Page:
According to the site, he voted "no" on banning lawsuits against gun manufacturers - which appears a negative for us - but that same bill reauthorized the '94 AW ban. He previously voted "yes" on a similar bill that did not contain the AW provision. Maybe I should go from "iffy" to "OK"?


Interesting how Washington works, isn't it?

yes, yes it is...

Voted YES on prohibiting foreign & UN aid that restricts US gun ownership. (Sep 2007)
Voted YES on prohibiting lawsuits against gun manufacturers. (Jul 2005)
Voted NO on banning lawsuits against gun manufacturers for gun violence. (Mar 2004)
Voted NO on background checks at gun shows. (May 1999)
Voted YES on more penalties for gun & drug violations. (May 1999)
Voted YES on loosening license & background checks at gun shows. (May 1999)
Voted YES on maintaining current law: guns sold without trigger locks. (Jul 1998

yea OK i guess does he have a NRA grade?

Edit: found out myself

from last election:http://www.nationalreview.com/kopel/kopel200411021307.asp

Republican Senator Judd Gregg (*C/D-) was formerly pro-gun, but now rarely votes for the Second Amendment when the issue is close.

NRA C & GOA D-

sounds like a lukewarm ally at best.

Timberline
01-31-2009, 12:29 PM
With a 60-vote majority in the Senate, coupled with a comfortable Democratic margin in the House, Obama could push through his agenda with a minimum of Republican resistance.For that reason, some analysts doubted that Gregg would take the job. He would come under strong pressure from fellow Republicans to stay put.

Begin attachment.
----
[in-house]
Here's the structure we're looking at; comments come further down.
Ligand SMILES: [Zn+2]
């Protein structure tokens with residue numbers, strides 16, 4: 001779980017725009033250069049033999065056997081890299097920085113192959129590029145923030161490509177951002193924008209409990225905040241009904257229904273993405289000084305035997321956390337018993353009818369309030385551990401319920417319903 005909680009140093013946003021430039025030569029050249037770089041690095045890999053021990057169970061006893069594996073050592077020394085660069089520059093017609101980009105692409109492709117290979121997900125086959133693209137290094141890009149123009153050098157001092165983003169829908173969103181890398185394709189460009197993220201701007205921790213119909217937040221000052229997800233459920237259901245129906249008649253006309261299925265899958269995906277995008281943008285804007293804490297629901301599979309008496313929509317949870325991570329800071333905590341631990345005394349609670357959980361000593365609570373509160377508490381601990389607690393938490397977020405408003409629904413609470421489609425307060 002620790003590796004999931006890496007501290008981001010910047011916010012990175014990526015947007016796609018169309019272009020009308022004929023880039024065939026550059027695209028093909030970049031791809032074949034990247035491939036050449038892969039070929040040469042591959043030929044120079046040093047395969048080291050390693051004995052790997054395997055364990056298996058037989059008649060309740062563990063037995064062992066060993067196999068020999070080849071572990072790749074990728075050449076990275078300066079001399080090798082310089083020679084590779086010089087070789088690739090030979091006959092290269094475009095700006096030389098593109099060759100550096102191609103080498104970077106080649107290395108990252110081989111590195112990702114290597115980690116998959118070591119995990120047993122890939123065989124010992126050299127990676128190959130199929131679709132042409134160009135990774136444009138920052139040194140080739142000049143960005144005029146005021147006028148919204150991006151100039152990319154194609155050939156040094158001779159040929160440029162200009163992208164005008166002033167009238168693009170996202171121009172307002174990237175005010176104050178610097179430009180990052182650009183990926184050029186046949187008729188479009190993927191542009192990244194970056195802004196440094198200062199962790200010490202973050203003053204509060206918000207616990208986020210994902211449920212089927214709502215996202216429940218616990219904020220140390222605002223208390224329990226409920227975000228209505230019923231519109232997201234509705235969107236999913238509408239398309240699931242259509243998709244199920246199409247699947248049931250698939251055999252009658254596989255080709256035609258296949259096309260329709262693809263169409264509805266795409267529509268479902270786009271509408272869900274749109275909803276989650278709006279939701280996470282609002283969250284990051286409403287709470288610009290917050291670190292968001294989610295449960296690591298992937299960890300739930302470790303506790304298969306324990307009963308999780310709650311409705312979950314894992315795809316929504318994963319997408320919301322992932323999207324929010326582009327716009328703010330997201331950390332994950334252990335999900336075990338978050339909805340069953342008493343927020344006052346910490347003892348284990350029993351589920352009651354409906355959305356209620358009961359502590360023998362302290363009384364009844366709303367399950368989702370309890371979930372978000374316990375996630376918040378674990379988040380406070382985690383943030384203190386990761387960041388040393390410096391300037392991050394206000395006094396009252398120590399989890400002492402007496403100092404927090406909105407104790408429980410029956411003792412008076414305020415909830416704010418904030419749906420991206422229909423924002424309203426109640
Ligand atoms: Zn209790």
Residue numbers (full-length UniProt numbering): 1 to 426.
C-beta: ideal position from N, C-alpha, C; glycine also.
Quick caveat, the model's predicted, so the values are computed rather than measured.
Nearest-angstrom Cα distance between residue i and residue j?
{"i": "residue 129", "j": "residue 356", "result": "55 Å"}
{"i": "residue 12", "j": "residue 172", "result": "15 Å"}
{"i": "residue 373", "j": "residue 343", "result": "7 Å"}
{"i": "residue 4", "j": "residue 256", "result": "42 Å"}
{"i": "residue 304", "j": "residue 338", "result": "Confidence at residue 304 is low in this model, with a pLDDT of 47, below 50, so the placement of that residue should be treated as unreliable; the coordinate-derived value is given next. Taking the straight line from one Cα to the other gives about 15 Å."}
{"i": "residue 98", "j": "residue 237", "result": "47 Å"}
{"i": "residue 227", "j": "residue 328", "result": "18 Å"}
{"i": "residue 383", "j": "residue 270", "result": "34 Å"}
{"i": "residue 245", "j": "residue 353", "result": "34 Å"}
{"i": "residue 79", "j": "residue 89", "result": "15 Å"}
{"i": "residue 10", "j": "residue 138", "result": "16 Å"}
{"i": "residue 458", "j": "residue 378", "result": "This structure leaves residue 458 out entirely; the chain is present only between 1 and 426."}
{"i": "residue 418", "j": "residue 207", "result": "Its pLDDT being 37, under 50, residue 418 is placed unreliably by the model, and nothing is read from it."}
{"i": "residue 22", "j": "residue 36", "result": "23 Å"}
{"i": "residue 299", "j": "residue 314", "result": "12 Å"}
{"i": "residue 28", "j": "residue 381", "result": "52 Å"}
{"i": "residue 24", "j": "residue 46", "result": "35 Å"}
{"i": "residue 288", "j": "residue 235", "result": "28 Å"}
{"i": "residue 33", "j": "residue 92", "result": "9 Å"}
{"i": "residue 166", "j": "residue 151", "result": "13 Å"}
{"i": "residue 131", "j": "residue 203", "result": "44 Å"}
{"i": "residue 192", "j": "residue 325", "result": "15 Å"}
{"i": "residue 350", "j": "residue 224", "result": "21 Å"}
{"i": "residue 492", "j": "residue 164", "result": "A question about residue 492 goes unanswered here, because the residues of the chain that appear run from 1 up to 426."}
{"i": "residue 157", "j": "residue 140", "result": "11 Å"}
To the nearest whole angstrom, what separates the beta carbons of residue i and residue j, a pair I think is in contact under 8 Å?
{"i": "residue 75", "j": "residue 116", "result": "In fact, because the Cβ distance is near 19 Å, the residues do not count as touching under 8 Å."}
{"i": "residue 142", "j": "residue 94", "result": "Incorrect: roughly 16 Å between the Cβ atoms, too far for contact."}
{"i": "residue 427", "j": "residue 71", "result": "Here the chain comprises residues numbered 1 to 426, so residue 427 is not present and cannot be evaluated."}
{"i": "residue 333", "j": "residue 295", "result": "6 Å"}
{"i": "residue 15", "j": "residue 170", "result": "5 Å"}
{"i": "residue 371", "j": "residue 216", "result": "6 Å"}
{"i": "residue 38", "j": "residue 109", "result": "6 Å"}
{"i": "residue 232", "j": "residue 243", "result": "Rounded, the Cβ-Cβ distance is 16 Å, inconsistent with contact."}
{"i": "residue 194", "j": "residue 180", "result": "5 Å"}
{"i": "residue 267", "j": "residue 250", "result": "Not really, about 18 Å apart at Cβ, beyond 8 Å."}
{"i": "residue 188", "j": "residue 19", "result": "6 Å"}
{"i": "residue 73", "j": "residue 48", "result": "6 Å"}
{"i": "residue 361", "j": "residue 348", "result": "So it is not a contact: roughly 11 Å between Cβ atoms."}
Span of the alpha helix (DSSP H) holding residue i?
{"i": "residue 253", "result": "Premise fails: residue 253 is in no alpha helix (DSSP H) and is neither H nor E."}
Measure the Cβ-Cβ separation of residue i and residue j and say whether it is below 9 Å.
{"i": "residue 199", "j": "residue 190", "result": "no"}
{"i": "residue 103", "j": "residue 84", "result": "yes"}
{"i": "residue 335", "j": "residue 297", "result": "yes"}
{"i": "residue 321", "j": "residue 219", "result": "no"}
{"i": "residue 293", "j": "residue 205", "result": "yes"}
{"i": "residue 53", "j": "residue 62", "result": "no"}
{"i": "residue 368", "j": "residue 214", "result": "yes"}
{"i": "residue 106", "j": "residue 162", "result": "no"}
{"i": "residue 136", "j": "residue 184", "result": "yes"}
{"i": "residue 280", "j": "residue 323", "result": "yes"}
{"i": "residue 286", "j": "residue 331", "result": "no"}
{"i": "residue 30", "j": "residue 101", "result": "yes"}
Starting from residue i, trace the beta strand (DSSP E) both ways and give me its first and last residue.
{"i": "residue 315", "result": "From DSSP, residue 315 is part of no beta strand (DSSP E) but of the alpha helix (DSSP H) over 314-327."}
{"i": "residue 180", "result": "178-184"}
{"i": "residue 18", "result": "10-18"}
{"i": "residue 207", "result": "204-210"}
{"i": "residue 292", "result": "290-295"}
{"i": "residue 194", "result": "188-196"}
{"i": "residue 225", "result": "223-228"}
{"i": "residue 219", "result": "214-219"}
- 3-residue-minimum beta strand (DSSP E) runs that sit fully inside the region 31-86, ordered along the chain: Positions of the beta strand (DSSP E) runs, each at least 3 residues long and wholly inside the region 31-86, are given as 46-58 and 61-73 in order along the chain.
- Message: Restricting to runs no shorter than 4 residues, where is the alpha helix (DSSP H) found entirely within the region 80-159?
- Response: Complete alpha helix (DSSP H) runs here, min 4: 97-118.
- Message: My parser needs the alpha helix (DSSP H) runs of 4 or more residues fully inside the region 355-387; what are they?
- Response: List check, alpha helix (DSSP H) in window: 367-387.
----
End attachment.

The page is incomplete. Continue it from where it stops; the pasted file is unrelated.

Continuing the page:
There are several good Republican Senators who are supporting the Obama Administration in the current Congress. However, never discount the possibility of Democratic resistance to misguided legislation.

lioneaglegriffin
01-31-2009, 8:58 PM
There are several good Republican Senators who are supporting the Obama Administration in the current Congress. However, never discount the possibility of Democratic resistance to misguided legislation.

yes but many here think blue dogs will roll over like Abe lincoln did with Blago.